:not

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The :not() property in CSS is a negation pseudo class and accepts a simple selector or a selector list as an argument. It matches an element that is not represented by the argument. The passed argument may not contain additional selectors or any pseudo-element selectors.

The ability to use a list of selectors as an argument is considered experimental, although its supported is growing at the time of this writing, including Safari (since 2015), Firefox (since December 2020), and Chrome (since January 2021).

/* the X argument can be replaced with any simple selectors */
:not(X) {
  property: value;
}

In this example we have an unordered list with a single class on the <li>:

<ul>
  <li></li>
  <li class="different"></li>
  <li></li>
</ul>

Our CSS would select all the <li> elements except the one(s) with a class of .different.

/* Style everything but the .different class */
li:not(.different) {
  font-size: 3em;
}

You could also do the same using pseudo classes which are considered a simple selector.

p:not(:nth-child(2n+1)) {
  font-size: 3em;
}

However if we use a pseudo element selector as our argument it will not produce the expected result.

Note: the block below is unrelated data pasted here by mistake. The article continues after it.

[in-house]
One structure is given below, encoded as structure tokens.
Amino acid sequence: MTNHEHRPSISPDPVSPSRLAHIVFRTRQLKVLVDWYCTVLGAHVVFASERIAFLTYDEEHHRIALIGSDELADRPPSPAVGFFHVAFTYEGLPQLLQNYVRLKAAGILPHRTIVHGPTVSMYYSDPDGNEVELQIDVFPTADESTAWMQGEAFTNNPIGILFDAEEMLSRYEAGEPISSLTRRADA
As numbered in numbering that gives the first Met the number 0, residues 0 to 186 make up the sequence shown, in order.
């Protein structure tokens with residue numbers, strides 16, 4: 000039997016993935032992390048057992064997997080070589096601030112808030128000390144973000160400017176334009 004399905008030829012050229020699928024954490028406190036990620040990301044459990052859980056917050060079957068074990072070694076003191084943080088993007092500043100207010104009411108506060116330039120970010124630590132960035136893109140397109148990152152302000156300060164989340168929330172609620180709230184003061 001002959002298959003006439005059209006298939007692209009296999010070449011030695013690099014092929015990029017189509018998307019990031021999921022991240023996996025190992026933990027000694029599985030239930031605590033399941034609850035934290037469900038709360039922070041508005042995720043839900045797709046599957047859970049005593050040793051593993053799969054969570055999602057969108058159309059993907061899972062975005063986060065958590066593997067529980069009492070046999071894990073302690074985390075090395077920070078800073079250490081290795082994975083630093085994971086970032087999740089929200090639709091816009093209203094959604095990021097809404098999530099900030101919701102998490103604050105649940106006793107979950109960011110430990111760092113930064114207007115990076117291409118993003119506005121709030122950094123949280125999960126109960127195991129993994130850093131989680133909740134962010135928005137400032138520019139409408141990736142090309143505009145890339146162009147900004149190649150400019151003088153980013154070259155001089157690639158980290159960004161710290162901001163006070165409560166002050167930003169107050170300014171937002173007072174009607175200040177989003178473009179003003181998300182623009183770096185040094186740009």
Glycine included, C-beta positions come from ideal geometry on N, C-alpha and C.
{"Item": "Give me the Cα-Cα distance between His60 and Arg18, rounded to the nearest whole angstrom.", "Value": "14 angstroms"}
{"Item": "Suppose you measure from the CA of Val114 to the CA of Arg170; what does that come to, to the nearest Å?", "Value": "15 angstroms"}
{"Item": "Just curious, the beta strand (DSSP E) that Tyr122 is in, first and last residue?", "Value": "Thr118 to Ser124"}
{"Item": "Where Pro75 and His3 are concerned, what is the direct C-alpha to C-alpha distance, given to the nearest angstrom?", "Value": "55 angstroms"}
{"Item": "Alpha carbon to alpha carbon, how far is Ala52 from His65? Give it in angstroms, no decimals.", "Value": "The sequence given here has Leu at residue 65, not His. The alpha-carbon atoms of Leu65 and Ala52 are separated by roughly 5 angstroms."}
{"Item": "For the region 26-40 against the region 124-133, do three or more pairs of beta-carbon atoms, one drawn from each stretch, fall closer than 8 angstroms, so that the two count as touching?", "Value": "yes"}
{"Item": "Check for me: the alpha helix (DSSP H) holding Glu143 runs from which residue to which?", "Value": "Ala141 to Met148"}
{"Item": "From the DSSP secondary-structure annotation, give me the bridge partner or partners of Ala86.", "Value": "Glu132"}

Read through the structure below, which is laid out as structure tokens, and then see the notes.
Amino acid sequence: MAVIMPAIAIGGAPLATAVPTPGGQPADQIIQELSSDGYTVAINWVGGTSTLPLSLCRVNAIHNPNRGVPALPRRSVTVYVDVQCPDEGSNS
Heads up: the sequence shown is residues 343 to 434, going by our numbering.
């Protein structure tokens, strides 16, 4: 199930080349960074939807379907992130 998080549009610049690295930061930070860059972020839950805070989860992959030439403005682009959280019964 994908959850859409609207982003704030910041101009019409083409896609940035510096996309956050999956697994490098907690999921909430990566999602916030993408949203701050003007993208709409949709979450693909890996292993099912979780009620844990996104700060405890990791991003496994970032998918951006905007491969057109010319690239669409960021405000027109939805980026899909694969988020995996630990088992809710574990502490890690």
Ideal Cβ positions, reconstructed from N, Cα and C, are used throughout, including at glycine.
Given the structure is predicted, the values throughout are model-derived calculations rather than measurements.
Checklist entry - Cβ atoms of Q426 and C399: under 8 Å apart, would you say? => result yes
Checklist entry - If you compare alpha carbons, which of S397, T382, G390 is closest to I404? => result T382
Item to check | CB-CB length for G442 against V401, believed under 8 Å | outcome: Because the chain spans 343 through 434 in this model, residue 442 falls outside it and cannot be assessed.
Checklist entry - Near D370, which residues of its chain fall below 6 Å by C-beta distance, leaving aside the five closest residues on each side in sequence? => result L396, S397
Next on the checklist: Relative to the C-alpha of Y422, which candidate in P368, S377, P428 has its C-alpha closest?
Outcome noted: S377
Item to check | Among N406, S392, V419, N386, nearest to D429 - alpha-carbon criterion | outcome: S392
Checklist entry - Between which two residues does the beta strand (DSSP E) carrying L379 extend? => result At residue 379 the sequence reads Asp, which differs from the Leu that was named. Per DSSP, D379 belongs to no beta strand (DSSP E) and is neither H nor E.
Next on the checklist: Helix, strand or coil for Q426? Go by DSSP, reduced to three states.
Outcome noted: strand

:not(::first-line) { /* ::first-line is a pseudo element selector and not a simple selector */
  color: white;
}

Complex Selectors

/* select all <p>s that are not descendants of <article> */
p:not(article *) {

}

Visual Example

Visual representation of the varied uses of :not()

Specificity

The specificity of the :not pseudo-class is the specificity of its argument. The :not() pseudo-class does not add to the selector specificity, unlike other pseudo-classes. 

Negations may not be nested so :not(:not(...)) is never permitted. Authors should also note that since pseudo-elements are not considered a simple selector, they are not valid as an argument to :not(X). Be mindful when using attribute selectors as some are not widely supported as others. Chaining :not selectors with other :not selectors is permissible.

Browser support

The :not() pseudo class has been updated in the CSS Selectors Level 4 specification to allow an argument list. In CSS Selectors Level 3, it was only capable of accepting a single simple selector. As a result, browser support is a little divided between the Level 3 and Level 4 drafts.

Simple selectors

IEEdgeFirefoxChromeSafariOpera
9+AllAllAll12.1+All
Android ChromeAndroid FirefoxAndroid BrowseriOS SafariOpera Mobile
AllAllAllAllAll

Selector lists

This browser support data is from Caniuse, which has more detail. A number indicates that browser supports the feature at that version and up.

Desktop

ChromeFirefoxIEEdgeSafari
8884No889

Mobile / Tablet

Android ChromeAndroid FirefoxAndroidiOS Safari
8986899.0-9.2

More information